1953 ad for B&M Baked Beans
1953 Ad for B&M Baked Beans
 (CC BY-NC 2.0)
I’ll admit I didn’t know much about B & M Baked Beans, ‘cept I like eating them.  But the Internet an excellent place and it took about 2 minutes to learn that Charles Sumner Morrill, Jr. (1833-1901) was a partner and founder of B&M Baked Beans in 1867.[i] Another Google search found a short genealogical tree for Charles Sumner Morrill, Jr. within an article regarding Morrill’s Corner[ii], a well-known area within Portland. Armed with those two bits of information and an abbreviated family tree that showed the names of my friend, her parents, and her grandparents, but little else.
Luckily, the process was straightforward. Using only Ancestry.Com, I was able to trace her ancestry back quickly.
           
Her Great grandfather was,
Edwin Jackson Morrill (1882-1943). His father was,
            Theodore J Morrill (1850-1911). His father was,
                        Edwin Morrell (1828-1897).  His father was,
                                    Peter W. Morrell (c. 1797-1881).  Connected to Morrill’s Corner history.  
                                                Peter Morrill, Esq. (1753-1819)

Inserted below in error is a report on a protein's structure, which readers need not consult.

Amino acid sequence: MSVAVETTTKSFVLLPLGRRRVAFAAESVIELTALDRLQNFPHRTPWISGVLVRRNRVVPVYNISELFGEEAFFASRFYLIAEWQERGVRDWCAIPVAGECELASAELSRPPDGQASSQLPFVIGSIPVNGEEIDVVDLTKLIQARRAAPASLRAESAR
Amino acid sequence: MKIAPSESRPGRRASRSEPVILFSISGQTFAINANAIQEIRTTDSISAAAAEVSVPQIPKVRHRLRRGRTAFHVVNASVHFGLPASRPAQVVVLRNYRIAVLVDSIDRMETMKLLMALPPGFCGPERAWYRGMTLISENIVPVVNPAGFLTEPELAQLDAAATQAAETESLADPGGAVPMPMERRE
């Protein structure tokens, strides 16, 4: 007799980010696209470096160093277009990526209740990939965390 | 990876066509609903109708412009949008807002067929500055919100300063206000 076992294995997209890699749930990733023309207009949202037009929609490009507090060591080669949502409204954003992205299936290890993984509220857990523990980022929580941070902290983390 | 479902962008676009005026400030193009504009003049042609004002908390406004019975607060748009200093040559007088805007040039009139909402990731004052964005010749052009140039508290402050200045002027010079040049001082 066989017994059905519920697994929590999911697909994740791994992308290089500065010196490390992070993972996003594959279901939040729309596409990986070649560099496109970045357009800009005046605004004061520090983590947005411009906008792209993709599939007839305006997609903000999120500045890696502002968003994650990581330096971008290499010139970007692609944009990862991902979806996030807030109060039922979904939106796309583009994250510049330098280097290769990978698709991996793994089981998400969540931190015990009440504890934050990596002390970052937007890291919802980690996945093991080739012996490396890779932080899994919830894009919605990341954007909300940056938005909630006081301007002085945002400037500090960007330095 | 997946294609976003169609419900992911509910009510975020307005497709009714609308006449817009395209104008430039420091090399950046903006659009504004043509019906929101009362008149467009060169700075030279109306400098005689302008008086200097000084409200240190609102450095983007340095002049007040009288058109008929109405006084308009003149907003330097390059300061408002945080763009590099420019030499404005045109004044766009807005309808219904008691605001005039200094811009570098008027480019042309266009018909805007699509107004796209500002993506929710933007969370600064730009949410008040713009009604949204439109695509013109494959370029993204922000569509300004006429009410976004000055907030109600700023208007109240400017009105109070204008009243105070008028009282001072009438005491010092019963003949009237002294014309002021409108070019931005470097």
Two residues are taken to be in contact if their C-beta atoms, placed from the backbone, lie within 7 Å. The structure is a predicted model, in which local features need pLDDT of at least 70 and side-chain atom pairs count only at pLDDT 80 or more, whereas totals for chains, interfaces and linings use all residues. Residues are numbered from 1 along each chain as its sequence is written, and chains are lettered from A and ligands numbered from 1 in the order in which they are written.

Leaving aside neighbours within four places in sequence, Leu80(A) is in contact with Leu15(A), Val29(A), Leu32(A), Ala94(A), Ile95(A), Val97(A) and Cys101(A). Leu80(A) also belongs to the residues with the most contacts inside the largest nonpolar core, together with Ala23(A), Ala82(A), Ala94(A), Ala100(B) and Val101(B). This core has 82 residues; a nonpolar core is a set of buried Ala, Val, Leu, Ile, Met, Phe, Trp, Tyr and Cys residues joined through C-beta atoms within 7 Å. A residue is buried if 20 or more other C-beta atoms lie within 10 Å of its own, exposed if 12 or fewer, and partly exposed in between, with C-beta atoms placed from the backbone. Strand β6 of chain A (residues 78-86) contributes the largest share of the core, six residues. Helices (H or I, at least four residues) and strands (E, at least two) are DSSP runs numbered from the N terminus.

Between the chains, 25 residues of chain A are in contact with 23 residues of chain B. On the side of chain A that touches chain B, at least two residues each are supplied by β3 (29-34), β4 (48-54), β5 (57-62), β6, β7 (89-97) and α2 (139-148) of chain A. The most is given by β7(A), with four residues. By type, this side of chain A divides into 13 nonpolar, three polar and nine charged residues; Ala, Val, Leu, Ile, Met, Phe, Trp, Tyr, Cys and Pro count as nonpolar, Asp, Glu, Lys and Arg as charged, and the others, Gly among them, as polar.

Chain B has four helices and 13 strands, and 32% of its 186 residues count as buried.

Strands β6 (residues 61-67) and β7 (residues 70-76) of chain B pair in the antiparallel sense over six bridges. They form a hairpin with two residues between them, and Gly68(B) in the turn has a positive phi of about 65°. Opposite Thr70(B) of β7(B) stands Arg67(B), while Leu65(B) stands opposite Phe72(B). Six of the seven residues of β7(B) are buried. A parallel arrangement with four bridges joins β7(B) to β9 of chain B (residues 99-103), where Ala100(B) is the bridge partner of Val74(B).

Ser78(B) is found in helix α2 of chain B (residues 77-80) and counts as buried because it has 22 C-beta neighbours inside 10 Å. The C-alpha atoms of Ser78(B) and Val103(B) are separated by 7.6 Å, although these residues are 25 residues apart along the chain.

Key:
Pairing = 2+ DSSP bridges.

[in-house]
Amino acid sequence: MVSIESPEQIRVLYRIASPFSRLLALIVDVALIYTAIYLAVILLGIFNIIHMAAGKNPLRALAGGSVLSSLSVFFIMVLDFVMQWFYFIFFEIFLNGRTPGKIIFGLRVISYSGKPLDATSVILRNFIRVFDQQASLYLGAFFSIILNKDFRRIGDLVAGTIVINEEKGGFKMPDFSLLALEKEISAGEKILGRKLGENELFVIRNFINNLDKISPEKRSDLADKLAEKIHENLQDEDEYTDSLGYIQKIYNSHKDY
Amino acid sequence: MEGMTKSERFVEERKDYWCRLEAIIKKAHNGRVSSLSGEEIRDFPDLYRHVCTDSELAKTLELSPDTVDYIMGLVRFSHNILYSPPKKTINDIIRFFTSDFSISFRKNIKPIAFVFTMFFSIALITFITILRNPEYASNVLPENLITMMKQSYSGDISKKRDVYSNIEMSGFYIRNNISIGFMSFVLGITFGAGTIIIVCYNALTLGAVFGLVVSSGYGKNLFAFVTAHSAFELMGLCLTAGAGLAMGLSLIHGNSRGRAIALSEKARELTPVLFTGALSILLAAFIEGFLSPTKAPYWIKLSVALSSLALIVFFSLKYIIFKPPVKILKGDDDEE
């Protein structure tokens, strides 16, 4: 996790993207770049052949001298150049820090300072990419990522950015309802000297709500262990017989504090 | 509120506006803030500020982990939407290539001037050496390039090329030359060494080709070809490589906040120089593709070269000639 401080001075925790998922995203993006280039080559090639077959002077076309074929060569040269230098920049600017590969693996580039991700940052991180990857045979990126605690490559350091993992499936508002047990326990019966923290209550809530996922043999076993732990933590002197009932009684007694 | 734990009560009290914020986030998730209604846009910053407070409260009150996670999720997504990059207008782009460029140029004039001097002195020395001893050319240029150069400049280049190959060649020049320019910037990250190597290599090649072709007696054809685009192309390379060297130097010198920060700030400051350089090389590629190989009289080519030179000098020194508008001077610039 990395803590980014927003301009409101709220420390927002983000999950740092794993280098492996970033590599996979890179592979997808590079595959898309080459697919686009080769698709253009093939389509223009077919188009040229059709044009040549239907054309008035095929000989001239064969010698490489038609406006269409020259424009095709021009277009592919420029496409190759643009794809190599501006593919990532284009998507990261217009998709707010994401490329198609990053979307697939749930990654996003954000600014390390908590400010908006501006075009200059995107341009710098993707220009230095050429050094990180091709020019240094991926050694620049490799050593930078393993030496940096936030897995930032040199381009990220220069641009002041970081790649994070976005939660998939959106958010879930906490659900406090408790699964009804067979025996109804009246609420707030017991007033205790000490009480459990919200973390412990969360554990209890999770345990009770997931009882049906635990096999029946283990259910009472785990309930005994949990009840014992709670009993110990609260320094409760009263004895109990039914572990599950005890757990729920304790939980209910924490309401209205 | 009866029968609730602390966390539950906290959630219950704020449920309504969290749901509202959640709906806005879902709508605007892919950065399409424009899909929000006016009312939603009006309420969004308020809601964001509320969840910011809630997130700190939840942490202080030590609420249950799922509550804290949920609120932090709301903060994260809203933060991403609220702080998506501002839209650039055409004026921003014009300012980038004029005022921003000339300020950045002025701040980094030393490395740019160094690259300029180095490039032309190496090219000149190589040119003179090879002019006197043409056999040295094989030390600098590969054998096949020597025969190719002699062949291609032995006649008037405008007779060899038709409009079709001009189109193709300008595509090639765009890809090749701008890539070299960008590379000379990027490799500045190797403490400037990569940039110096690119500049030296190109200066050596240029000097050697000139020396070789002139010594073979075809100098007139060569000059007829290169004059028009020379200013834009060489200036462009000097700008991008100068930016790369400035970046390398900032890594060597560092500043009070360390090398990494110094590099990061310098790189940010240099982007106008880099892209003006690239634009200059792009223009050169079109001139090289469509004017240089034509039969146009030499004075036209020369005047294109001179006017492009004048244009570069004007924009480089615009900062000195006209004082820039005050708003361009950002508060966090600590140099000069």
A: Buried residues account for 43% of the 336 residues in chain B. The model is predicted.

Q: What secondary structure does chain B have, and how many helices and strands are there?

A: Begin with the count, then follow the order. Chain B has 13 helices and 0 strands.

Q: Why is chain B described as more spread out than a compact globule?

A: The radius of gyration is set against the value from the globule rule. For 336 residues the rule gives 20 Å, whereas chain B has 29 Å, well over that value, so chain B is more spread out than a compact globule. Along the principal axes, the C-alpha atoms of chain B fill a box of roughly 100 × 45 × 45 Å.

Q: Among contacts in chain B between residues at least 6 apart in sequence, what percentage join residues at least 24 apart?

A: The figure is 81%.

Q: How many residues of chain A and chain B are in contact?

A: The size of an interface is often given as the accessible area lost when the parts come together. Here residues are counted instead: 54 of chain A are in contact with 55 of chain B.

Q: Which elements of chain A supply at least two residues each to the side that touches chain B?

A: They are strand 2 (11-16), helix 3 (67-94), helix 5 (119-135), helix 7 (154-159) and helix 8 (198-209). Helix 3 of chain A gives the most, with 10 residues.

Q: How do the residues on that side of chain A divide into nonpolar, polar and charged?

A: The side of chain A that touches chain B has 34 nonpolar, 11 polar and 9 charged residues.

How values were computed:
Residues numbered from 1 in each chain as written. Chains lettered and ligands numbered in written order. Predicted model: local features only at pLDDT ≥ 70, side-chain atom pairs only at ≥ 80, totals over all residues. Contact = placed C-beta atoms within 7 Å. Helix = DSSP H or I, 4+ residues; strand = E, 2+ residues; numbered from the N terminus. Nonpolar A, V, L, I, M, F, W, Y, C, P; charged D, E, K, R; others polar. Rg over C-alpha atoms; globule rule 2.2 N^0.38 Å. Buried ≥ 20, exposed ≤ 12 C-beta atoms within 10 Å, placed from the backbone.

Peter Morrill (1709-1801)
                                                Steven Morrell (1739-1816)
                                    Asa Morrell (c. 1776, – c. 1830
Charles Morrill, (Sr.) (1811-1849)
            Charles Morrill, (Jr.) (1833-1901)
Peter was Charles’ 2nd Great grandfather.
Peter was my friend’s 6th  Great grandfather.
So yes, my friend is a third cousin, four times removed, of Charles Morrill of the B&M Baked Bean company fame.  
Note: I added a caveat that I did not double check and confirm every document and I did not have genealogical proof for the pedigree, but I was fairly certain of the various connections. I also did not extract all of the information I could from the records I did find.[iii]

ENDNOTES

[iii] Sources for all individuals are available on request but are quite involved, consisting of 5-10 sources for each individual.